Another Christian movement called the “Wish Me a Merry Christmas Campaign” takes the word-exchange that much further as it declares that wishing someone “Happy Holidays” is an “attack” on Christmas and wearing one of their buttons which says, “It’s OK, Wish Me a Merry Christmas” is a way to counterattack and “turn the tide” against the forces of darkness wishing people “Happy Holidays.”

Joining the cacophony of cantankerous exchange, Jews counter that the season was never about the birth of a savior, but the miracle of a menorah or protect their holiday with humor. Pagans chime in and contend that Christmas usurped traditional solstice celebrations. All the while companies try to wrestle away any religious passion left in the holidays and direct it towards their own “festival of consumer capitalism.” As Carlos Cortes of the University of California Riverside notes, the whole holiday season and its concomitant inter-religious turf wars are akin to “unarmed combat.”

Through it all, one thing becomes clear: a holiday season, in all its religious forms, meant to unite the world in peace and goodwill quickly descends into apologetic warfare as pundits draw battle lines and wrangle for possession for the winter festival season. In the end, many of us promote greed and conflict in our words and deeds over and against the peace and generosity meant to be evoked this time of year.  Whether it be fighting over this year’s hit toy at the local superstore or arguing about who gets to claim the season for their own, this year it would be encouraging to see people of all backgrounds spend more time lauding (and practicing) the peace, distinctive shalom, unity amidst diversity and thanksgiving that the various holidays of the season are intended to conjure in people’s hearts.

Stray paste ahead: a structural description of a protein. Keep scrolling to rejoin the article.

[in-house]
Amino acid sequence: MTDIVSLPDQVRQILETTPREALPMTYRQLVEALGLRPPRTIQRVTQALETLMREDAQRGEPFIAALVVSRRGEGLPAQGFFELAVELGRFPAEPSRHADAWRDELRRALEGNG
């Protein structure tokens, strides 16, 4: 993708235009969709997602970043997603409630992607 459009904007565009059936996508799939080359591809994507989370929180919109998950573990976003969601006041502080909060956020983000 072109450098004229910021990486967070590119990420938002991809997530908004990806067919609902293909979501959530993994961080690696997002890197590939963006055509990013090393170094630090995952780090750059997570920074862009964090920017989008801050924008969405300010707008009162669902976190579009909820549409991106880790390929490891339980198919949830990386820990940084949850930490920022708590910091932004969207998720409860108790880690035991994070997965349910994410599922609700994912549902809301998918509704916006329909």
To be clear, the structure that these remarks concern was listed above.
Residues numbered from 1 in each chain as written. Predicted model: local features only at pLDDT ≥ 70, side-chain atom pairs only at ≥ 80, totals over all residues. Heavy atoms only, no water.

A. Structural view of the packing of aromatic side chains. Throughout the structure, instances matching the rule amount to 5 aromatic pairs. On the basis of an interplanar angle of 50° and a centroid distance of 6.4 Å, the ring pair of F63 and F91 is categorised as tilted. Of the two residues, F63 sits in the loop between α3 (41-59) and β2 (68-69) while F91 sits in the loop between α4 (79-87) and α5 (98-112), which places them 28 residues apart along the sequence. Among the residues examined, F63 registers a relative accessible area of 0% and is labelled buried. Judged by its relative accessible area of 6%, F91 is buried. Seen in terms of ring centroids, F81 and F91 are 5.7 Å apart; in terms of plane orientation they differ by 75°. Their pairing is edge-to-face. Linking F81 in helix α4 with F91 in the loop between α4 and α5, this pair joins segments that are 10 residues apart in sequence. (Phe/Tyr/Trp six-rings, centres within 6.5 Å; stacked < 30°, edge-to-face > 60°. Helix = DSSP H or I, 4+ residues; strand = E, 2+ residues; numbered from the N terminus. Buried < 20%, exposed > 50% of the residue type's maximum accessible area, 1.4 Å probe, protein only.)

However, that would mean changing the question from “whose holiday is it anyway?” to “who can I share the spirit of this holiday with today?” That type of a question is much more reasonable this time of year and befits any and all who might still believe this season means something.


Peace on earth, good will to all,

Ken Chitwood


Ken Chitwood is a graduate student in Theology and Culture at Concordia University Irvine, CA. He also serves as an intern with LINC Houston, a charitable organization working towards the development of whole communities in the diverse urban landscape of Houston, TX. Ken speaks on theology and religious issues on a regular basis, having taught in the United States, New Zealand, South Africa and Indonesia and maintains his own blog on the subject of religion at


Advent Conspiracy, “Christmas can (still) change the world.” November 30, 2010:

American Atheists, “Atheist Billboard is Up!” November 22, 2010:

Carlos E. Cortes “Season’s Greetings: A Conversation About Diversity.” November 18, 2010:’s-greetings-a-conversation-about-diversity/

Wish Me a Merry Christmas Campaign, “Attack on Christmas.” November 28, 2010:

Use of the phrase “festival of consumer capitalism” is credited to: Richard Horsley, Religion and Empire: People, Power and the Life of the Spirit. (Minneapolis, MN: Augsburg Fortress, 2003) p. 106.

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Religion (Can Be) Good for America

I am hoping to read Robert Putnam and David Campbell’s new tome on American religion this winter break. In it they reveal the results of their study and their thoughts as well on the religious make-up of America and its sociological implications. The book is called American Grace: How Religion Divides and Unites Us.

By all accounts it is GROUNDBREAKING…



and obviously capable of being described with hyperbolic CLICHES!

Alas, get a taste of the tone at the CNN Belief Blog – Religion and America.

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Religion on the Web – December 2, 2010

Thanks for taking the time to check out what’s going on with religion this week, you are part of the positive process of erasing religious illiteracy one person and one story at a time. Good on ya! This week, more religious holidays to recognize (including more on Advent, Hannukah and the Ascension of Abdu’l Ba-ha), a rare debate on the “soul’ of yoga and Apple apps and abortion activists knock heads.

Check the stories out below:

Religious Observances This Week

The “Soul” of Yoga

Apple Bans Conservative Christian App